About a month ago I talked to you about Raging Phoenix, which has the same female lead as this movie. This movie is pretty different and about a hundred times better! Chocolate is about Zen, an autistic girl that has the ability to learn martial arts just from watching movies, playing video games, or watching other people. Her mother is very sick, and in order to get money for her hospital bills, Zen and Moom, her best friend/cousin (I’m not sure if he’s actually her cousin, but he does call Zen’s mom “auntie”) decide to get it from people that owe money to her mother’s old gang. Zin (the mother) has long since fallen out from the gang, so this doesn’t sit well with its leaders. Either way, it puts Zen in the perfect sort of situation to really kick some butt!
This movie is so full of lovely and perfect things, but let’s start with the obvious: the fighting. The fighting in this movie is very Jackie Chan-esque (this could also be because I watched Rumble in the Bronx on the same day). It’s got the same sort of flare for comedic moments, and the same style that finds the protagonist using ordinary objects to beat up her attackers. (Technically she’s the attacker and they’re just unfortunate, but I’m not going to split hairs.) Just like with Raging Phoenix, I found the fight sequences much more engaging than in most American made movies.
Jeeja Yanin is a great actress. She did an incredible job portraying an autistic child in the movie, and some of her scenes were really heart-wrenching and beautiful. On top of that, the other characters were likeable (or hateable, respectfully), and I really liked Moom. There’s a scene where she first starts fighting and the way she imitates the movies she’s seen is both hysterical and incredibly adorable.
The writing for this movie is much better, and the storyline is much more concrete. There wasn’t any pacing problems, and it was much less cheesy. And although the ending is still a little sad, it is much more hopeful and realistic than Raging Phoenix’s.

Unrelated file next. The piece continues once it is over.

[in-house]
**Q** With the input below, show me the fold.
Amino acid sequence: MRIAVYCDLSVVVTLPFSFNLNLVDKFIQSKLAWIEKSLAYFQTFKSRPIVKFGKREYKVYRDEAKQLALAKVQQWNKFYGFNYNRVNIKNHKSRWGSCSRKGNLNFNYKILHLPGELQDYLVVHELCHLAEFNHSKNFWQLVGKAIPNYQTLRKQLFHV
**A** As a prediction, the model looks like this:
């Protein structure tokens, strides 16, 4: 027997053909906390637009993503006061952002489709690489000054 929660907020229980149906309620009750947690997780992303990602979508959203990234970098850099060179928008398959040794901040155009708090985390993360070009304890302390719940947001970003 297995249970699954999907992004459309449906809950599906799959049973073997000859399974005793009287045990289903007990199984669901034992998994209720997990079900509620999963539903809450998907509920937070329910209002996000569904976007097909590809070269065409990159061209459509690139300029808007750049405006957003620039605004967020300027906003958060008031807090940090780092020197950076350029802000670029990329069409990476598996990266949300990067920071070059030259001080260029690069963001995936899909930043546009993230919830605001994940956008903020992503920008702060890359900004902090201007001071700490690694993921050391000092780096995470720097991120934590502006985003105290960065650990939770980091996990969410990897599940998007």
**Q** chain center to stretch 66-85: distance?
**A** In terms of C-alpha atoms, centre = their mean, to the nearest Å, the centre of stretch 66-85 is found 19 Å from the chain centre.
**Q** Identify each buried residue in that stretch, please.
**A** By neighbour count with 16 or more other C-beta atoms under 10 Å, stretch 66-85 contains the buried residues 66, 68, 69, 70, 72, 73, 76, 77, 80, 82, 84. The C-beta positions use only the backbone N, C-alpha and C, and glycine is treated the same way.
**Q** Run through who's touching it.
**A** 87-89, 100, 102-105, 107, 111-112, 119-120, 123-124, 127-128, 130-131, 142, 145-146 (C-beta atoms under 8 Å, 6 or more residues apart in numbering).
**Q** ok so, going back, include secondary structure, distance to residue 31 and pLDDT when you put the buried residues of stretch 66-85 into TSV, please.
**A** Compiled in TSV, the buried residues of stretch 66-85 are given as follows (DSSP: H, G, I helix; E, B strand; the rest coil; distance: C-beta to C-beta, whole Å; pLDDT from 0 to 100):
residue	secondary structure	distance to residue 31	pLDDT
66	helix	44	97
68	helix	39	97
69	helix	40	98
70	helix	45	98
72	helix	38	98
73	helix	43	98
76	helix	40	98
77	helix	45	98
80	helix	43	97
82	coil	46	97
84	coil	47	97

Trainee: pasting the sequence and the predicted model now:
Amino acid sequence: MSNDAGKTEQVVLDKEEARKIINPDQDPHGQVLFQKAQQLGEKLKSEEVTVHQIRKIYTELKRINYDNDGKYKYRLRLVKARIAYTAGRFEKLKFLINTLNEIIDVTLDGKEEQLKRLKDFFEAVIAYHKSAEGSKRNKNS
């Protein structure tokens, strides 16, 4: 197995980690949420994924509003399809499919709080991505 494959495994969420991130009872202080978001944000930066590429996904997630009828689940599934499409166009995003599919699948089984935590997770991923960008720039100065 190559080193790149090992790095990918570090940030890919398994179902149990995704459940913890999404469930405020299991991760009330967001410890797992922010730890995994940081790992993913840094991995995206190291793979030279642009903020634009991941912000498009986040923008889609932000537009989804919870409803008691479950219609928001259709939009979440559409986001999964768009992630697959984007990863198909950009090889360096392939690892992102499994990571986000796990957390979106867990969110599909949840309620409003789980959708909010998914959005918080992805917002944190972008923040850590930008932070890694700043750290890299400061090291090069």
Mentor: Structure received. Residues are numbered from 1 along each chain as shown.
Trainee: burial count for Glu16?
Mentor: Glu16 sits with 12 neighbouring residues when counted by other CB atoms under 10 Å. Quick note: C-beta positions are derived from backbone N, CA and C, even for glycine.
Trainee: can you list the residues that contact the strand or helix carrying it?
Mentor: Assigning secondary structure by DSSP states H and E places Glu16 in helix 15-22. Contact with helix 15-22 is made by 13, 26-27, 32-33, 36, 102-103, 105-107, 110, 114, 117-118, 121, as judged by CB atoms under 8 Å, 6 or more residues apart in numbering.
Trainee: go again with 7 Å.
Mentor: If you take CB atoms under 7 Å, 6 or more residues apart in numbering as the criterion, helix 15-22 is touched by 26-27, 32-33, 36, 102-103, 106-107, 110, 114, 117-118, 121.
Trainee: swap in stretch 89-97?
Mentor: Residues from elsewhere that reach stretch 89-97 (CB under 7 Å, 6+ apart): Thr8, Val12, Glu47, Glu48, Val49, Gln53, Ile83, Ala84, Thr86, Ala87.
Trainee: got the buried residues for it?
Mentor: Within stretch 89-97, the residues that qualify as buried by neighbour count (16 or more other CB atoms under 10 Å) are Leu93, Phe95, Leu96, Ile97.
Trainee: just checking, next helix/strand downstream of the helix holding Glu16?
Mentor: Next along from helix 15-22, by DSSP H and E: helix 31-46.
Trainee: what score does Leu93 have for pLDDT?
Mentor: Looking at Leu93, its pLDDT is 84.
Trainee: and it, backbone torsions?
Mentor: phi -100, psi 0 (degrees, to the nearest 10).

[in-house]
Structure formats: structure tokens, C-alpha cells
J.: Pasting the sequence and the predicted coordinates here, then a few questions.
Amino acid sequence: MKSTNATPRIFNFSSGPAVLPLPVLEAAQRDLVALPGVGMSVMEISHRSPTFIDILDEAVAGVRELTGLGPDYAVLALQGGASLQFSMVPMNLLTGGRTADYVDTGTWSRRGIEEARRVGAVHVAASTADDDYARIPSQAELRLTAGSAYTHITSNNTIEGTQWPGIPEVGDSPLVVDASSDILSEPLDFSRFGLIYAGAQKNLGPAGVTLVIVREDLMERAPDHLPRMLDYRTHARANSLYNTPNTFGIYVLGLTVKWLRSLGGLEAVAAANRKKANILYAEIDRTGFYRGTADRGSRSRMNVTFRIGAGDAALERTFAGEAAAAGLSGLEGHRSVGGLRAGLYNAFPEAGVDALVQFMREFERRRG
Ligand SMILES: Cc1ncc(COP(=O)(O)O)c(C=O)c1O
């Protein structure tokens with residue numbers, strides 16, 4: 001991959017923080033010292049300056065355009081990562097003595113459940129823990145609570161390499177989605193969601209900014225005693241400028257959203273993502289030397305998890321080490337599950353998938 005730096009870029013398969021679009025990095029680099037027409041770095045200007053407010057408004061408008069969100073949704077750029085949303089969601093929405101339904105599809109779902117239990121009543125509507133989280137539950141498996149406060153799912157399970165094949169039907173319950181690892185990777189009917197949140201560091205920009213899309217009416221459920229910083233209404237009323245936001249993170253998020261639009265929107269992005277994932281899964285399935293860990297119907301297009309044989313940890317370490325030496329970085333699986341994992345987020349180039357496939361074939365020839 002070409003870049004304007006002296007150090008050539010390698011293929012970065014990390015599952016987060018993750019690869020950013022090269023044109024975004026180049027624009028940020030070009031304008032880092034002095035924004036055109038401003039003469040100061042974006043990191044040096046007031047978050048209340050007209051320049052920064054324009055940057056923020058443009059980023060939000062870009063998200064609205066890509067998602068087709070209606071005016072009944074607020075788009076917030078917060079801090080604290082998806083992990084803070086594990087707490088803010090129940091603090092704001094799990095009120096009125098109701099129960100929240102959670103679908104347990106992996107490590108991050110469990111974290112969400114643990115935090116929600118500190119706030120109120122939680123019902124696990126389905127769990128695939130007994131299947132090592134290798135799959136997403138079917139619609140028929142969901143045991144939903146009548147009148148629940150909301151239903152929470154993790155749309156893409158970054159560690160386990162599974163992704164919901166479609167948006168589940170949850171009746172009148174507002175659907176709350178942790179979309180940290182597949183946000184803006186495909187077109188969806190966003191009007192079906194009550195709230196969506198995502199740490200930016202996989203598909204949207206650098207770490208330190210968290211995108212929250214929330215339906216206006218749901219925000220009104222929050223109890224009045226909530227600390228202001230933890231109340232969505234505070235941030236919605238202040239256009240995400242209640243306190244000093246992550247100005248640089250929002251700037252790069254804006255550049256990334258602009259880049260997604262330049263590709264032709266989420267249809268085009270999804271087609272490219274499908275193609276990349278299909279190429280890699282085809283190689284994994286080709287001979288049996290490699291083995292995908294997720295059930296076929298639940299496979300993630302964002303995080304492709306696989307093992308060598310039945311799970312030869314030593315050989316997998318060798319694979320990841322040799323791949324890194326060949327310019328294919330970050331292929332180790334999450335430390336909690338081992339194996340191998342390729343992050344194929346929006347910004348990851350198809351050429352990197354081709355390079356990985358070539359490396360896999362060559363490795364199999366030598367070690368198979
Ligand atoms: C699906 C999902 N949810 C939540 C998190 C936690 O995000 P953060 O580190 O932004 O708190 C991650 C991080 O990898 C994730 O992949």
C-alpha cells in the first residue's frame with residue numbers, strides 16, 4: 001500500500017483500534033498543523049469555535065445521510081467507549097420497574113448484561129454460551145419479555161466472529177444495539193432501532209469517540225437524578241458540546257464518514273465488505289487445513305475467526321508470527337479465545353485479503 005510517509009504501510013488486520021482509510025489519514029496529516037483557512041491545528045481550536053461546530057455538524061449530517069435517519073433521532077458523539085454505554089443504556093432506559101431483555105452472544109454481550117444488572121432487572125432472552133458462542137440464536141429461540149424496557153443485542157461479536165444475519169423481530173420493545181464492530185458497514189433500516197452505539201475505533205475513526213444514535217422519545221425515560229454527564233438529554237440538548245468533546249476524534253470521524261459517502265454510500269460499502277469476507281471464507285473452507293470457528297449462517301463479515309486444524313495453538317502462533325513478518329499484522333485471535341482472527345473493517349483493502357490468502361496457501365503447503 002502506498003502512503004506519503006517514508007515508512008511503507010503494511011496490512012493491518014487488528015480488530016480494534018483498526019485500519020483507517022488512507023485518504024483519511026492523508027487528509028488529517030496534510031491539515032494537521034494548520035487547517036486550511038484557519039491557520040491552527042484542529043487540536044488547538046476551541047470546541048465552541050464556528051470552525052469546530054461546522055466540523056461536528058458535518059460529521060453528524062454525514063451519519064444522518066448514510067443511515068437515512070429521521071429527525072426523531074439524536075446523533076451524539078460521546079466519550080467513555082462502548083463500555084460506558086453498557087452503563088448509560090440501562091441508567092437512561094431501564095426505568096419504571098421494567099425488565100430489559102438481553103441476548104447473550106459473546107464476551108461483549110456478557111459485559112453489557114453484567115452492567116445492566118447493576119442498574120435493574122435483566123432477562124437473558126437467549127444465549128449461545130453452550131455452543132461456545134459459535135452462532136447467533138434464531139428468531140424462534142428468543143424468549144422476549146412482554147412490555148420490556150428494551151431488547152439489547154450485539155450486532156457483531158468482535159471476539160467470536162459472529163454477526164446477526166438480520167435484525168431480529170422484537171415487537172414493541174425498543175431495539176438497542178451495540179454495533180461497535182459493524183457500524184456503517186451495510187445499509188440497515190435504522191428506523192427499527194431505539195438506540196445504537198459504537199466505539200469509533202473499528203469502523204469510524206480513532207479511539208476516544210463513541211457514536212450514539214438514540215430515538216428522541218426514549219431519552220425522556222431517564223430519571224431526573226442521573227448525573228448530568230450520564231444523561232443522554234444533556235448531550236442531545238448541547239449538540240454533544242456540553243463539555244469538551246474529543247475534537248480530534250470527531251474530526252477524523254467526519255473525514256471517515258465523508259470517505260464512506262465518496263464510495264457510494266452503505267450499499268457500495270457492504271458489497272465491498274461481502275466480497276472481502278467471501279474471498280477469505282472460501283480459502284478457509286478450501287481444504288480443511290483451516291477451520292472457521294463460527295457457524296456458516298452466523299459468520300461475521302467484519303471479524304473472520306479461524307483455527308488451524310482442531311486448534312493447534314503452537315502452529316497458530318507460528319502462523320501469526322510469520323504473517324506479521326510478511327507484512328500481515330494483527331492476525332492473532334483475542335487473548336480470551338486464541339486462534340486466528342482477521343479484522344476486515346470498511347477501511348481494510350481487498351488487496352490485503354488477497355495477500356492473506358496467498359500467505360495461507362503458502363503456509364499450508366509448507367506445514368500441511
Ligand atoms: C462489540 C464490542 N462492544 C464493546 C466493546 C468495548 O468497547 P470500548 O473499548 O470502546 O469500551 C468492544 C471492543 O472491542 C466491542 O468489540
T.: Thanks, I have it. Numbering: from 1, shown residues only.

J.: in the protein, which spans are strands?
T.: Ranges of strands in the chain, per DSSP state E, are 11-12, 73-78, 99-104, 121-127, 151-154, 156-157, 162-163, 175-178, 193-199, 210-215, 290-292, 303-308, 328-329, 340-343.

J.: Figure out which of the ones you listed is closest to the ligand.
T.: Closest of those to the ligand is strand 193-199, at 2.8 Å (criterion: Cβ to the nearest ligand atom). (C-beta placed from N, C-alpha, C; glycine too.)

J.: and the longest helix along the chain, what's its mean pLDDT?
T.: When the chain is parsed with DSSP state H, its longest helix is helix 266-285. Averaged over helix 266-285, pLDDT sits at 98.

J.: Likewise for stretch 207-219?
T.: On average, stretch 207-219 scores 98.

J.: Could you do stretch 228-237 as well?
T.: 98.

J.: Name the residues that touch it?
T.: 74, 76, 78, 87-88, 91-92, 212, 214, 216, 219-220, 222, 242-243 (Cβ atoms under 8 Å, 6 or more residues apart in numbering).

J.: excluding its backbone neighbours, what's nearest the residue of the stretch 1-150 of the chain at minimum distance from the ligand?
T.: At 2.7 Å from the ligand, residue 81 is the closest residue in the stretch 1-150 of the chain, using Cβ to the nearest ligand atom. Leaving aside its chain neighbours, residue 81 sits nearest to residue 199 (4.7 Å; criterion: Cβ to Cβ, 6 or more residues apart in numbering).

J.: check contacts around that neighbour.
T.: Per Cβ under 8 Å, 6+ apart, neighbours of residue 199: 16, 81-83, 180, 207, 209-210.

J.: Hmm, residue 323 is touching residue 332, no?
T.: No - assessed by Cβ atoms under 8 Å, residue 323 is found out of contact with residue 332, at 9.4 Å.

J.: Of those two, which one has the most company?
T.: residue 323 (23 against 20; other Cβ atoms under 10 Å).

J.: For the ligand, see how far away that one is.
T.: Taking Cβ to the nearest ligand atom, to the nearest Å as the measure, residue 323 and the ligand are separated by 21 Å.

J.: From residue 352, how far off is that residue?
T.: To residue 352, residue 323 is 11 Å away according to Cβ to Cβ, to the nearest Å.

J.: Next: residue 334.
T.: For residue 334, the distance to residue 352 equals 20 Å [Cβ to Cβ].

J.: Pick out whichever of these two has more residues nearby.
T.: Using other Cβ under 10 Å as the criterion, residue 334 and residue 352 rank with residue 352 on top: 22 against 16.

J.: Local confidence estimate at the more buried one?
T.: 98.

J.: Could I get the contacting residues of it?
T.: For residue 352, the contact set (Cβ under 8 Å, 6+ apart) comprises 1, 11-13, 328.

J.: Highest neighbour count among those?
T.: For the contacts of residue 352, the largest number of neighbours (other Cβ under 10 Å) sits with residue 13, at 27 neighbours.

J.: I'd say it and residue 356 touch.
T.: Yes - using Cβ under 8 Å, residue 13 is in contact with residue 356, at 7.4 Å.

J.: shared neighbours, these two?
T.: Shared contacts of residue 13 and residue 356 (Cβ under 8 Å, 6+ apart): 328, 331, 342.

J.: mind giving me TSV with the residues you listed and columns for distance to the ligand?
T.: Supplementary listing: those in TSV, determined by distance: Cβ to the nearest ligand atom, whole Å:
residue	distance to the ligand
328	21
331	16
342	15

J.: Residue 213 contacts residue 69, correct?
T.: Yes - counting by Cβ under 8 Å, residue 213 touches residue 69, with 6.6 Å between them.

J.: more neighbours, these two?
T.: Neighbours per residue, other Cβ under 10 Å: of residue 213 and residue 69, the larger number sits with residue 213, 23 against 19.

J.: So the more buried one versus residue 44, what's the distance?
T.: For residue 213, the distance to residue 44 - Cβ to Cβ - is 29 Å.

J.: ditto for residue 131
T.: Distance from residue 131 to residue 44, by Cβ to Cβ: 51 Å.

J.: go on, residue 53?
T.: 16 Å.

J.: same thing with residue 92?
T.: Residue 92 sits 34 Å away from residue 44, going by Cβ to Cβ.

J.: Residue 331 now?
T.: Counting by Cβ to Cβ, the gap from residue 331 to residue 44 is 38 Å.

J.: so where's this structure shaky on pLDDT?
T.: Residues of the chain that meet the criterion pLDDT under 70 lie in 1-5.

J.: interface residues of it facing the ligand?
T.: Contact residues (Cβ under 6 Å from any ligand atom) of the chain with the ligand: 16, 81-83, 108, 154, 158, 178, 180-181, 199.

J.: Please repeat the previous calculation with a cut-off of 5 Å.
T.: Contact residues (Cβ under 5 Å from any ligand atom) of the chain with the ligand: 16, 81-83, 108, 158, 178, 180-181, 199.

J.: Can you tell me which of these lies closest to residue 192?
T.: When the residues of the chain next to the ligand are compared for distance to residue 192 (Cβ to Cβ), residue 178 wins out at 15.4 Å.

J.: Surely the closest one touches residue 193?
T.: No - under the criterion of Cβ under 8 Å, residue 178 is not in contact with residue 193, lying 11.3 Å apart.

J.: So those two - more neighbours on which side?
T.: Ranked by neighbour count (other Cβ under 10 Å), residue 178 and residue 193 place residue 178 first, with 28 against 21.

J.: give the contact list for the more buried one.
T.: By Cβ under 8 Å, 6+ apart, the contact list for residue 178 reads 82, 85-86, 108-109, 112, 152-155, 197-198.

I have very little to say on the negative side. Some of the fight sequences dragged a little bit and you really start to wonder how long these people can last after being beat up so many times. On the flip side, though, I think it’s much more realistic than them getting punched once and then never getting up again.
I’m sitting here trying to balance this out a little more, but I honestly can’t. I really, really enjoyed this movie. Even though this came out before Raging Phoenix, I suggest watching Chocolate after you see the other one. That way you don’t get your hopes up for Phoenix, and you’ll appreciate this one more.
Here’s the trailer if you’re interested. It is definitely worth your time!
Also, I’m posting this now realizing that it is Autism Awareness Month. How perfect is that? I’d be interested to know what they did “right” and what they did “wrong” in this film. I know Jeeja did a lot of research for her role, so I hope that it’s believable to someone who has a little more experience with autistic children than I do. Let me know what you guys think of it once you’ve seen it!